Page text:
When the Tesla Model S first appeared on the car market, it was as if it was out of a sci-fi movie. Surprisingly, it was not because of its electric drivetrain. After taking over Tesla (already from the Roadster model), Elon Musk began to put an enormous emphasis on the “user interface.” It paid off. However, now the NHTSA has discovered a serious problem. Computer components may not be suitable for cars. This may, however, be a great opportunity for car service centers.
A new trend with new risks
Elon Musk came to the automotive industry from the internet world. He therefore knew that the user interface, or more precisely the user experience, plays an absolutely critical role not only for overall user satisfaction, but also in the way that the user talks about the service or product. In other words, word-of-mouth marketing. This is how Tesla built its success. His vision at the time was to make a car that is as user-friendly as the iPhone.
When, in 2012, Elon Musk introduced a passenger car with a gigantic vertical display instead of the usual series of displays, buttons, and controls, it was a shock. The shock paid off and today everyone, including the new generation of the Mercedes S class, are copying this setup. For the first time, Elon Musk decided to use the relatively cheap and readily available components from existing mobile devices, and it panned out. Thus, a de facto new trend began, where formerly purely computer companies such as nVidia suddenly began to enter the automotive industry.
Computer companies took the automotive world by storm
The arrival of computer companies was marked by another key trend in which Tesla was a pioneer – advanced driver assistance systems (ADAS) based on artificial intelligence. nVidia joined this trend only recently, at the end of 2018, and was able to gain the best position in just two years, when last year it signed an exclusive agreement with Mercedes-Benz, a company with a history of safety since the fatal accident at LeMans in 1955. The Mercedes S-class was in fact considered the benchmark of new driver safety technologies until the entrance of Tesla.
According to the NHTSA, 158,000 Teslas have a serious problem
While nVidia’s collaboration with Mercedes and other key players is a rather recent phenomenon, with Tesla it was different. Its technology, specifically the nVidia Tegra 3 processor used in mobile phones and tablets, was an integral part of the “tablet” user interface or MCU (Media Control Unit) in the Model S from 2012 to 2018 and in the Model X from 2016 to 2018. From 2018, with the new generation of Autopilot and AI (artificial intelligence) from nVidia, other on-board electronics have also been replaced.
But now NHTSA has come across a Tesla pain-point, that Elon Musk probably didn’t anticipate. The nVidia Tegra 3 tablet and smartphone processor was supplemented with 8 GB of flash memory, which was quite a common thing for Android phones and tablets at the time. However, the lifecycle of a smartphone and a car varies quite significantly. And the flash memory used in conjunction with the processor can “survive” an average of “only” 3,000 read-write cycles, which, according to the NHTSA, is enough for 5 to 6 years of use – plenty for a phone, but not enough for a car.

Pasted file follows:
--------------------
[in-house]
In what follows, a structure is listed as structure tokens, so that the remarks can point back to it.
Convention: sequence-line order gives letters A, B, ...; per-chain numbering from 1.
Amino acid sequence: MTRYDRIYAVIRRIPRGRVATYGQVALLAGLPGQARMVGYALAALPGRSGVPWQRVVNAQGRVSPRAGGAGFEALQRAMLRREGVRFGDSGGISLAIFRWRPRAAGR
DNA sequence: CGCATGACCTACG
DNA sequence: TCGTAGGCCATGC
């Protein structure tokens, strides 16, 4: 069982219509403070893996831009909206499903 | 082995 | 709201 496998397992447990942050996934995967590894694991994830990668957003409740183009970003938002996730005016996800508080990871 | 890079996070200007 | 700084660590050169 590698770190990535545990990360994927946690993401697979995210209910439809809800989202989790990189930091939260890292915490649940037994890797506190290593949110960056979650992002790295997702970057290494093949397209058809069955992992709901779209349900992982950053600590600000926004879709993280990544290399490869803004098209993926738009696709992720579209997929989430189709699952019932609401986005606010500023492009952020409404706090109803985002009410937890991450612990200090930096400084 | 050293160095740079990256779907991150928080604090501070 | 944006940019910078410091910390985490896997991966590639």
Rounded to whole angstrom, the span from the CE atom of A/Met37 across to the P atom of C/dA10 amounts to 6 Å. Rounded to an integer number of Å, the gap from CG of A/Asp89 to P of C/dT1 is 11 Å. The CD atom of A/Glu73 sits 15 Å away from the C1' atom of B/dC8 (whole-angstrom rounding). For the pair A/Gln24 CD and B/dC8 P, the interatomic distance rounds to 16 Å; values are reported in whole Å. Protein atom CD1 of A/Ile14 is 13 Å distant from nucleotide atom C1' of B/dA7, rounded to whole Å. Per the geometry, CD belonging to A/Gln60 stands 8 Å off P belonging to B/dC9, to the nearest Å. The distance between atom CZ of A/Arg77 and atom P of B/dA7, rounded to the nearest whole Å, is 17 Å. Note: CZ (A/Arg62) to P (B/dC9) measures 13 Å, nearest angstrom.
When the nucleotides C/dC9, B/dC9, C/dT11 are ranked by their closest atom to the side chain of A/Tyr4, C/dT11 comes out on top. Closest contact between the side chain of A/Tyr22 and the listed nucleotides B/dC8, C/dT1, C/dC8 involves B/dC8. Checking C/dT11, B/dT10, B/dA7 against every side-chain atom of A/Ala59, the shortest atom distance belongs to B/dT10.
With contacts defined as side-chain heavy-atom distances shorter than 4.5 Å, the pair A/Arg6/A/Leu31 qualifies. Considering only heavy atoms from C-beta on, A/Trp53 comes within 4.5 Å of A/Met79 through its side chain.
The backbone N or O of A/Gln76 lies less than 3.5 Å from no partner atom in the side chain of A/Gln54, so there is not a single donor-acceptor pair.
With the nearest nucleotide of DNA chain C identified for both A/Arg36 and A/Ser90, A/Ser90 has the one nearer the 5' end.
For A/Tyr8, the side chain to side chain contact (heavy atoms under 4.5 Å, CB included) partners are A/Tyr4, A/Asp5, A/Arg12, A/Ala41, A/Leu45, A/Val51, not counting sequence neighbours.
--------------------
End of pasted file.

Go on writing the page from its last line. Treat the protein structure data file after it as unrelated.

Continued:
In the US, the NHTSA has already registered a total of 12,588 incidents involving the MCU, which controls the built-in screen in Tesla vehicles. The agency is therefore considering a full recall, in which Tesla would be required to replace the flash memory in the MCUs. This could mean up to 158,000 cars.
What will this mean for the future of smart cars?
According to the director of nVidia, smart cars will make up 20% of the total passenger car market by 2030. Onboard systems with computer electronics and touchscreens will be far more common. However, manufacturers will have to start paying close attention to the components used. They will clearly have to meet one more criterion in addition to the SAE criteria for automotive electronics – overall lifespan. And with the advent of coronavirus, this lifespan is increasing. There are a number of countries where the average age of registered passenger cars exceeds 10 years, sometimes even 15 years.
And here we come to the great news for automotive service centers and possibly also car dealerships. It is quite probable that the Tesla Model S will not be the first and only car with modern on-board systems, which over time will struggle with lifespan problems, for example with memory, disks, and SSDs. However, unlike with a tablet or laptop, the replacement of these components is not so easy for users to arrange on their own. The time will come for service centers, for which the replacement of on-board electronics will be an interesting growth opportunity. For example, services can record the status of electronic components in their CRM and recommend customers a timely replacement during a standard service interval. At the same time, it is an opportunity for car dealerships to offer their own special options in the form of extended warranties for electronic components in the on-board systems. Are you prepared to replace computer components in your service center?